Multiple new Texas rules in effect this week will impact truck drivers.
Electric and hybrid vehicles
Effective Friday, Sept. 1, a new law intended to boost road revenue will impose an additional fee for the registration and renewed registration of electric and hybrid vehicles.
The cost to register a new electric vehicle will be $400. The annual registration fee will cost $200.
The new fees are estimated to raise an additional $280 million during the 2024-25 biennium, according to a fiscal note. They apply only to affected vehicles weighing up to 10,000 pounds.
While the issue was under review at the statehouse, supporters said that electric vehicle owners essentially receive a tax break by not paying the 20-cent state fuel excise tax. Taxes they do pay do not go into the road fund.
They added it is time to adopt the new fees because fuel tax revenues cannot keep pace with vehicle use and rising road construction costs. Additionally, supporters said the increasing popularity of more fuel-efficient and electric vehicles will only widen the gap.
Ninety percent of the revenue raised from the new fees will go to the state highway fund, which can be used only for road and bridge work.
A separate new law modifies the definition of a commercial fleet.
Texas law has required motor carriers with at least 25 commercial vehicles to align all registration renewals to occur at the same time.
Starting Friday, Sept. 1, a new law will lower the number of motor vehicles necessary to qualify as a commercial fleet from 25 to 12. Supporters say the change is intended to increase efficiency and streamline operations’ efforts to monitor registration deadlines and process registration paperwork.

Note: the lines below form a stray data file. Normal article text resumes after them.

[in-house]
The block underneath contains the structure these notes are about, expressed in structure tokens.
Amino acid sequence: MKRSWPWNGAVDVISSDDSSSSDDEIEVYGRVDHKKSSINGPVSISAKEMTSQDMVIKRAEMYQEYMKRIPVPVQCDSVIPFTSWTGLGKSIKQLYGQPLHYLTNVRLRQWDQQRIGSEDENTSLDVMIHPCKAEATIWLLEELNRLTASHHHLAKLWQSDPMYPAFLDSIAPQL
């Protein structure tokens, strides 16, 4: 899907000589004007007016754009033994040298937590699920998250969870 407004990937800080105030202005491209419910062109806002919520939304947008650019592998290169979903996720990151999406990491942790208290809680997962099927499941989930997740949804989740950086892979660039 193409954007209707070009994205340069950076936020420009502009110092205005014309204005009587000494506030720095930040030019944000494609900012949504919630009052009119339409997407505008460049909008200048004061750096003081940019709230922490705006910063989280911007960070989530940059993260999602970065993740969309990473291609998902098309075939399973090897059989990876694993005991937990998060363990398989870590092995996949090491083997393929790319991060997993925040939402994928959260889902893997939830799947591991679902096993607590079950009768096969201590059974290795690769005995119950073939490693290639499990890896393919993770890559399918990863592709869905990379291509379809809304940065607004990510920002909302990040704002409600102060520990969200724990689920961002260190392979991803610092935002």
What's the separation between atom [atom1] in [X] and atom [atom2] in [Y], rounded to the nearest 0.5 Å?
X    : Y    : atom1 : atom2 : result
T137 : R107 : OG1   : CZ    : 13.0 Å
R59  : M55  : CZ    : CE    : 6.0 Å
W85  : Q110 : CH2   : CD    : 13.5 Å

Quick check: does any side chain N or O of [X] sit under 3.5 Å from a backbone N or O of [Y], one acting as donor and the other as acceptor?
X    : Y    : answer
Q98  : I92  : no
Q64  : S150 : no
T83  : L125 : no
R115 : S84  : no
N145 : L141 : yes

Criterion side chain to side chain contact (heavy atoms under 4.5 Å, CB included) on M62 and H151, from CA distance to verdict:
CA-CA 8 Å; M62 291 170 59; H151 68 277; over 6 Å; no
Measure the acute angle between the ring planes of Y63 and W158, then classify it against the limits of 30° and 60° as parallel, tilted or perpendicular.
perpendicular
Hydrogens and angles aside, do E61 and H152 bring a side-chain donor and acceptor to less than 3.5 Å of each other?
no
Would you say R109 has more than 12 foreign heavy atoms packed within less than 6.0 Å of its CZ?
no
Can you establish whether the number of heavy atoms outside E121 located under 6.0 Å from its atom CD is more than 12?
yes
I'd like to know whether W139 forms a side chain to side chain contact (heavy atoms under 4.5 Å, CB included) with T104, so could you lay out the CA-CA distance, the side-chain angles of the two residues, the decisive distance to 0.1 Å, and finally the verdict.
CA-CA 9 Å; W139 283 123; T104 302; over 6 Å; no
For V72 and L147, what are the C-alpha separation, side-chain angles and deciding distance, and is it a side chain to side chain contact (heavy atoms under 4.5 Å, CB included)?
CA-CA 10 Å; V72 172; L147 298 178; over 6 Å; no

Another new rule already in effect permits heavier trucks in certain situations. Specifically, electric-powered trucks and trucks powered primarily by natural gas are authorized to weigh up to 82,000 pounds – up from 80,000 pounds.
The change mirrors a federal weight exemption for affected trucks. Most states have the same exemption.
Passed by Congress in 2015, Fixing America’s Surface Transportation Act raised the weight limit for natural gas and electric battery-powered tractor trailers to 82,000 pounds. The rule authorizes states to act to raise the weight on interstates within their borders.
Advocates say the weight allowance is necessary because heavier equipment is required to power trucks operating on electric battery power and natural gas.
Variable speed limits
One more new law in effect the first of the month authorizes the Texas Transportation Commission to establish variable speed limits.
Variable speed limits use signs that change the posted speed in an effort to avoid traffic congestion. The Texas A&M Transportation Institute provides information on how the process works.
The temporary lowering of a speed limit is authorized to address inclement weather, congestion, road construction or any other condition that affects “orderly movement of traffic.”
Variable speeds must be based on an engineering and traffic investigation. Additionally, variable speeds cannot be set less than 10 mph below the posted speed limit.
While the rule change was making its way through the statehouse, critics voiced concern the change could be used to intentionally slow traffic for an indefinite period of time. They added it could be used to set speed traps.
A provision included in the new law clarifies that a speed limit cannot be lowered “to divert traffic to a toll road for the purpose of increasing revenue from toll charges.” LL